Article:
The home of Shooting Times and Sporting Gun

Dog theft is on the rise – here’s how to prevent it happening to you

Figures show that only 17% of dogs get returned to their owners

It’s Gundog Theft Awareness Week from Monday 31st October 2022 to Monday 7th November 2022, which aims to raise awareness of gundog theft and its prevention.

Liam Bell, former chairman of the NGO and Shooting Times contributor says: “The theft of dogs from homes is not a new crime but one that seems to be increasing in all regions of the UK. The effect a theft of a companion animal has is devastating and the loss, for many, can often be the same as losing a family member. ”

Here’s how to prevent gundog theft affecting you.d

Gundog theft prevention

All owners of gundogs should be keenly aware of the risk (and never leave a sought-after breed tied up outside a shop). Gundogs are particularly at risk because thieves know that they are usually pedigree, well-trained and well-socialised. In fact the most commonly stolen gundogs are cocker and springer spaniels and labradors, with owners in the south-east and south-west of England living in particular dog theft hotspots.

Research by Direct Line insurance in 2018 reported five reported dog thefts daily in the UK, a total of 1,931 dog thefts, 27% higher than in 2014. Only 17% of dogs were returned to their owners.

You can lobby your MP to get pet theft reform on the agenda here. The latest government plans for a new criminal offence for pet abduction in the Kept Animals Bill can be read here, although matters appear to have stalled in recent months.


So how can you keep your gundog safe and prevent dog theft?

Here’s some advice from Mike Jackson, rural crime officer for Wiltshire Police. Using his experience he explains how owners can deter potential thieves and keep their dogs secure.

How to avoid dog theft by Mike Jackson

There are usually two ways in gundog theft occurs: “opportunistic”, where someone might see a dog, steal it and sell it in the pub or blackmail the owner for money; and “professional”, where the theft is planned. The latter tends to be true for gundogs, especially those that are well known in the gundog world so are likely to produce good-quality puppies, which in turn generates further income for the offender.


Antis have been known to steal dogs


It is also not unusual for working dogs to be stolen by those who may be opposed to hunting sports as a whole, so seek to remove the dog from the environment to prevent its use.


Stolen gundogs can end up on puppy farms but can also be sold on as valuable commodities in themselves. They can be stolen to order and even shipped abroad to prevent them from being traced. It is every gundog owner’s duty to ensure their dogs are as protected as much as possible.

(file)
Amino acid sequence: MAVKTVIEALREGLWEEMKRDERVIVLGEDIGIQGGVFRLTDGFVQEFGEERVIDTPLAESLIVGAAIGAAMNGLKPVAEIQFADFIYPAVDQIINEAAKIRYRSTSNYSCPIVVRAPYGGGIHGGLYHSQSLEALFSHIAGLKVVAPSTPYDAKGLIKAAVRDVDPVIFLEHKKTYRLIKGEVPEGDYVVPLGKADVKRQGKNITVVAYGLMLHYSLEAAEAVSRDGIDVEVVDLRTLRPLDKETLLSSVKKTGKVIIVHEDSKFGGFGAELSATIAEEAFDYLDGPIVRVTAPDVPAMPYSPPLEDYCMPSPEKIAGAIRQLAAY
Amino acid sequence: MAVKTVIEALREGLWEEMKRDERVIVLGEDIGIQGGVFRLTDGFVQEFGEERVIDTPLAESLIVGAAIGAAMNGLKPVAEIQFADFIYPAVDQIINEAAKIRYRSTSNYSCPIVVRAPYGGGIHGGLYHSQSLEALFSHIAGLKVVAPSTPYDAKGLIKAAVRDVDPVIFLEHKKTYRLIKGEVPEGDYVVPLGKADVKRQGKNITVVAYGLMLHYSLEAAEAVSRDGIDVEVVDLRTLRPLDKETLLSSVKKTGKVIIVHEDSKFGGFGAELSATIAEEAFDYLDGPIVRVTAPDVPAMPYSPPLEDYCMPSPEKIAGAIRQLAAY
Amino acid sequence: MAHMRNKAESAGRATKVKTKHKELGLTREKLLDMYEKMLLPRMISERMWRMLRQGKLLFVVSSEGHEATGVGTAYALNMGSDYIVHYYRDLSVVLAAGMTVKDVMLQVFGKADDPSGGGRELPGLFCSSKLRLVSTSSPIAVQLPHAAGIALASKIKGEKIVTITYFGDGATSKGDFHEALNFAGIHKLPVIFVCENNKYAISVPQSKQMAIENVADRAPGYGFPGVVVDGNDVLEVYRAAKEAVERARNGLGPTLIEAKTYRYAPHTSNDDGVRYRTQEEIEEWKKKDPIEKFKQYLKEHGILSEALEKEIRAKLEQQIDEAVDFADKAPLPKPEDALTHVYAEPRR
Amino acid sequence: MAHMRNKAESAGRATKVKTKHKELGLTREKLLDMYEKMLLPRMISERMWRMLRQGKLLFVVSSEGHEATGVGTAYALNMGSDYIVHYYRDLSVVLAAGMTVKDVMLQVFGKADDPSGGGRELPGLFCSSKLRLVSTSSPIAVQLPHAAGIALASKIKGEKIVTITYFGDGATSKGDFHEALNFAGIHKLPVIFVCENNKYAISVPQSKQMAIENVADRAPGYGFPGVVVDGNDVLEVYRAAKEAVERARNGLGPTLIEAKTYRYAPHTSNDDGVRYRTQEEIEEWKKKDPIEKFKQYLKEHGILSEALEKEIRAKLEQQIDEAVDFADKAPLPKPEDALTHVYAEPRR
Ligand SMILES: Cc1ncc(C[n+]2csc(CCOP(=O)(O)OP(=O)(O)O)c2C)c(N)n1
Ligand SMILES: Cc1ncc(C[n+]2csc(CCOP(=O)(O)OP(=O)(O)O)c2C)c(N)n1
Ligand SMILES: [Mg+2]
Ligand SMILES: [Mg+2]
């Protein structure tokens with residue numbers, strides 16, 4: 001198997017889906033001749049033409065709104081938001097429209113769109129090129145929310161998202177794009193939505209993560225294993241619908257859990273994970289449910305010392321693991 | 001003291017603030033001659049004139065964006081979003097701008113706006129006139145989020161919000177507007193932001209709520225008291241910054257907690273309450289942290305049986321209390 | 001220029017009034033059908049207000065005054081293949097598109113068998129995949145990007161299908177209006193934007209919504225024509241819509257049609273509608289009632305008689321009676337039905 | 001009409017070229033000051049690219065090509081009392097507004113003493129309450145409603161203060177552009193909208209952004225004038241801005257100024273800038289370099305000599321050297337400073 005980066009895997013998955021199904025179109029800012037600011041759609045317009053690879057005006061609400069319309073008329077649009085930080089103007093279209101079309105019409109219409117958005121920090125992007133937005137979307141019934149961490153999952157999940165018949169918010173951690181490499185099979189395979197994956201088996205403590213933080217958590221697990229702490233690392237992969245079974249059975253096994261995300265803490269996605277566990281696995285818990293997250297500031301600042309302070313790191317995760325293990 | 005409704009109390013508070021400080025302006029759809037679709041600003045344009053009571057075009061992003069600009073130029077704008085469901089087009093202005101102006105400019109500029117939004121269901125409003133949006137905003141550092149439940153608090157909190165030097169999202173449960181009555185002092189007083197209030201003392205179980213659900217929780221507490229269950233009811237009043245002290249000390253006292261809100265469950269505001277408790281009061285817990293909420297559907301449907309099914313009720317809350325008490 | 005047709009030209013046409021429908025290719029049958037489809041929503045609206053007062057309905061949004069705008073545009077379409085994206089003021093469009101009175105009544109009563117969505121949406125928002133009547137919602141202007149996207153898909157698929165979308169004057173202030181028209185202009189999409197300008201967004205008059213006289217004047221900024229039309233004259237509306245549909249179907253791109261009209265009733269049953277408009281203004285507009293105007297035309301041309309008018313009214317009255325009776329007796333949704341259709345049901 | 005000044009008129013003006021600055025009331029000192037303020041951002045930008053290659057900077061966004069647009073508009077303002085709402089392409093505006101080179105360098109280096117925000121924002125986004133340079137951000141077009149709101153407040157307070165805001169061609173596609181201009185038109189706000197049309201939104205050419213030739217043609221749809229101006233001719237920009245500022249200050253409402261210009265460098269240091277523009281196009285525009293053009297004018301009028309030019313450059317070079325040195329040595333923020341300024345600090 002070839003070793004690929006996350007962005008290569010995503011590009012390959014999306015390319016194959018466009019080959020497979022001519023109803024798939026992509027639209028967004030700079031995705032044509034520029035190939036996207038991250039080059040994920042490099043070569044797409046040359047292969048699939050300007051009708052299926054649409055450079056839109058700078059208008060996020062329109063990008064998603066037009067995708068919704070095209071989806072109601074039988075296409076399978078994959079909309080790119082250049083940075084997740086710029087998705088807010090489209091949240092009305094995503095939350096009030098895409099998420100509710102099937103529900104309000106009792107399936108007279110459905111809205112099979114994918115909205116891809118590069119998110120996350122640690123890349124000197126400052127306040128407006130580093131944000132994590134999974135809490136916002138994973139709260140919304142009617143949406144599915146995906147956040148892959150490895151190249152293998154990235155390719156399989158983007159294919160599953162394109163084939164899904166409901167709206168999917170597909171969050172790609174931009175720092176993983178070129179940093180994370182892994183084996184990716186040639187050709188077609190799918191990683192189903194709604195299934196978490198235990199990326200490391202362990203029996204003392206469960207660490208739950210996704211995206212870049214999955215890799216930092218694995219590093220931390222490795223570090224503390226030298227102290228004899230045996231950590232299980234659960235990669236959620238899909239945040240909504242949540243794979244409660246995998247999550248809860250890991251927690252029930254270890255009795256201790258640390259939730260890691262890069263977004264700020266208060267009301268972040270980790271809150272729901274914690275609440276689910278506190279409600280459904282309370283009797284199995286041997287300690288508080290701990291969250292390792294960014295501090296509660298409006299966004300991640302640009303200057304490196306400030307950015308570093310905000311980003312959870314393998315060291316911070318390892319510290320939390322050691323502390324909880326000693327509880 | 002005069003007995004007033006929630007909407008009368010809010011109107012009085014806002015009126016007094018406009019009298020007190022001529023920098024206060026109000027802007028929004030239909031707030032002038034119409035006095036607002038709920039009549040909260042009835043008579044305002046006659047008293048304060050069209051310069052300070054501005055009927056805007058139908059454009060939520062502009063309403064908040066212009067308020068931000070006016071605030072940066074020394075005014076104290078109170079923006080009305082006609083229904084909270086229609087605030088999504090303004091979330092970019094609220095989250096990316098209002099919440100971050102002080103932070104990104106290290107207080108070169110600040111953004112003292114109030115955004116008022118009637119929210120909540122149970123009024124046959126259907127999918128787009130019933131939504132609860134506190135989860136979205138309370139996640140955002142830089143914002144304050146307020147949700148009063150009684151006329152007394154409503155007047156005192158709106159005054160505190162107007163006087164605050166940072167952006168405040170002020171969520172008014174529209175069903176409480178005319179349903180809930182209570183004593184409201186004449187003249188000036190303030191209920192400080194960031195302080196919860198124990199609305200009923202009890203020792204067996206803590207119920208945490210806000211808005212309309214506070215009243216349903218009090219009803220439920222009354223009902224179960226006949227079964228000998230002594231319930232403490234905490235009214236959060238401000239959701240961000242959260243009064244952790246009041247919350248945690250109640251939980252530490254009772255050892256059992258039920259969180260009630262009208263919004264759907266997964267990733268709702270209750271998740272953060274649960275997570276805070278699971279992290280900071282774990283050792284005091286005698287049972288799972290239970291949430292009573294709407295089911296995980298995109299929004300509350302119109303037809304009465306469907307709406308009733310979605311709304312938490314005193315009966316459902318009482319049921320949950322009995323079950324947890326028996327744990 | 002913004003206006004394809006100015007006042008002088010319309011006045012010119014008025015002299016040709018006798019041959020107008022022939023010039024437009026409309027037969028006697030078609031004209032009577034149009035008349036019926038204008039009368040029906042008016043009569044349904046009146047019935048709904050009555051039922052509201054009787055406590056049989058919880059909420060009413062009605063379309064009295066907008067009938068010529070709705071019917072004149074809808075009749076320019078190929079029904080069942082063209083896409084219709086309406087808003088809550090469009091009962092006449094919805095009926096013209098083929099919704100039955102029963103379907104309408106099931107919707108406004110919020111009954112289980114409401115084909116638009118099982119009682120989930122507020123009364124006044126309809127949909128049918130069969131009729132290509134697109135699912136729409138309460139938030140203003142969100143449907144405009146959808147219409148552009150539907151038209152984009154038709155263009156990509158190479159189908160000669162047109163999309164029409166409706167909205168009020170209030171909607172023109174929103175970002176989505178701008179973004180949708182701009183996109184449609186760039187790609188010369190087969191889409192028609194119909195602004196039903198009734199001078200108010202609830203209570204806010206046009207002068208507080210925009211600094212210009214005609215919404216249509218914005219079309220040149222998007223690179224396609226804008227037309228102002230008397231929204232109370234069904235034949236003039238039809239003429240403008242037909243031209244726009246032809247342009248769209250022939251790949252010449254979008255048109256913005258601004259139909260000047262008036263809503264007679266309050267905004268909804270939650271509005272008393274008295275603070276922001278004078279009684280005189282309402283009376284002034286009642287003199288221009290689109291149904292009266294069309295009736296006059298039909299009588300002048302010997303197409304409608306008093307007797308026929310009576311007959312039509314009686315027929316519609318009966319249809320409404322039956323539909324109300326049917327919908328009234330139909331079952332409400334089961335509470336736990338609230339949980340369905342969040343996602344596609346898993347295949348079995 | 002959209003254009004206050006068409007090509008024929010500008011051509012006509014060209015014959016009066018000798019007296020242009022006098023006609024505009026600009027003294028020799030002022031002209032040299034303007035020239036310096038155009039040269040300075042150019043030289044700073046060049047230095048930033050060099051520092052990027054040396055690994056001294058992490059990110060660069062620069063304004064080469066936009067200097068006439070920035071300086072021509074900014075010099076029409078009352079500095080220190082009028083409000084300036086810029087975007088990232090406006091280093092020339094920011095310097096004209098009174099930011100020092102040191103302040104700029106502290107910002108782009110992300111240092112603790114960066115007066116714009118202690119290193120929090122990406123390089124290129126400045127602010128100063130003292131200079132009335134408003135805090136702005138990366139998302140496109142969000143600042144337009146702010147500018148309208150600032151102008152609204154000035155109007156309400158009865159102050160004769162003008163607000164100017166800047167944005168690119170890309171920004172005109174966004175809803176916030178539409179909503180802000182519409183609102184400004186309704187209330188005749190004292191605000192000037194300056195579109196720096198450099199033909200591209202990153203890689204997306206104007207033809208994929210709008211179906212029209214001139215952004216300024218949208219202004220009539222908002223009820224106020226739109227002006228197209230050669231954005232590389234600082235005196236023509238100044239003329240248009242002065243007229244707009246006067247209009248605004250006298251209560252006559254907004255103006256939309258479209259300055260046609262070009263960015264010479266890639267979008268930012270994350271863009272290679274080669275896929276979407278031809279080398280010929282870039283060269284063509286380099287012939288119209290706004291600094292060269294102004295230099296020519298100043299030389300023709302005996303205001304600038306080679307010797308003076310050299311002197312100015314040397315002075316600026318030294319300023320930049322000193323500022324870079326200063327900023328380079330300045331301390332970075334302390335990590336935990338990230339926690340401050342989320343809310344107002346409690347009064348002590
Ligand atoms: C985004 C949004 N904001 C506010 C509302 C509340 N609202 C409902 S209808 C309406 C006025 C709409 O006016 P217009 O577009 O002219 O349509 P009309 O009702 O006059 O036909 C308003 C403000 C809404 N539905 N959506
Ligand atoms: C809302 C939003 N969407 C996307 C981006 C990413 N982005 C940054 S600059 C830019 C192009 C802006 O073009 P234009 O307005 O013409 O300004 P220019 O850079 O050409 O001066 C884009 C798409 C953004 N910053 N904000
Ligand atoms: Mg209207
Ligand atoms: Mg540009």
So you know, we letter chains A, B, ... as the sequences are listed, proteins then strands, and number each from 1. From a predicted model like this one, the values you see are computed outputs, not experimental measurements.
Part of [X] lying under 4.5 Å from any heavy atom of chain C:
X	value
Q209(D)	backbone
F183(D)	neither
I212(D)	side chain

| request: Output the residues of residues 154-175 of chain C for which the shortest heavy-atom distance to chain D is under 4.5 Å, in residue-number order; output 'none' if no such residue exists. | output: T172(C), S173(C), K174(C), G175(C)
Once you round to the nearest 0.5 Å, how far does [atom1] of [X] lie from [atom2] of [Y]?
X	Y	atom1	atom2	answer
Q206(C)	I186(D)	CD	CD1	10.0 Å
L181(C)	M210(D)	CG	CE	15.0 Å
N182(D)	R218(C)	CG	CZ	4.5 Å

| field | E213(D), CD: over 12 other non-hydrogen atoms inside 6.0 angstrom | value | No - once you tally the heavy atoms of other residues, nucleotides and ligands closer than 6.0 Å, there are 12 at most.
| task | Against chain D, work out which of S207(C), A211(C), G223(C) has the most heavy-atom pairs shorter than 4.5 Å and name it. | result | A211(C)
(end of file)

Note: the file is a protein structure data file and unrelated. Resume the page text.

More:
dog in kennels

Build your kennels as close to your home as possible

Keeping your dogs safe from thieves

There are many steps that you can take to improve the safety of your dogs, both at home and while attending shoots or gundog trials. The reason many gundog thefts occur is because the dogs are typically kept in kennels outside the house, 
or in vehicles left unlocked or with tailgates or windows left open — an easy target for thieves.

It is important to think like a criminal. Look at your property as if you are trying to steal your dogs. How would you do it and how could you be stopped? Be sure to test your security arrangements regularly to ensure they work.

Spaniel with owner

Losing a dog is like losing a member of your family

To maximise security you could:

  • Build your kennels as close to your house as possible and try to disguise your ownership. This not only means making the kennels less visible, but also not boasting about your well-trained gundogs — word travels fast.
  • Use of adequate security lighting, ideally placed where it cannot be tampered with.
  • Consider using alarmed 
padlocks or passive infrared sensors that send text messages to your mobile phone when tampered with.
  • Install remote access CCTV, which allows you to regularly check on your dogs from your mobile phone.
  • Consider the use of tinted windows on your vehicle — 
these help to obscure the view into the rear of your vehicle.
  • Dog transit crates secured 
with alarmed padlocks could 
be considered when out working your dog, if other dogs have been left in your vehicle.
  • Don’t always take the same route to your dog-walking location, shoot or working dog club and events in case you are followed. Be aware of vehicles that may 
be following you.
  • All dogs must now, by law, be microchipped, so ensure your details are up to date. Take photos of your dogs from several angles and keep them with your dogs’ documents. These can then be circulated quickly in the event 
of theft and passed to the police.
  • The use of social media is great to spread the word if your dog is stolen, making them “too hot to handle”, but be aware of hoaxers claiming to know where your dog is if you provide money. Always speak to the police for them to follow up potential enquiries.
  • Speak to your local crime prevention officer or rural crime officer about ways to improve 
the security at your property.
  • Remain vigilant and report any suspicious activity either via 
101 or 999 in an emergency.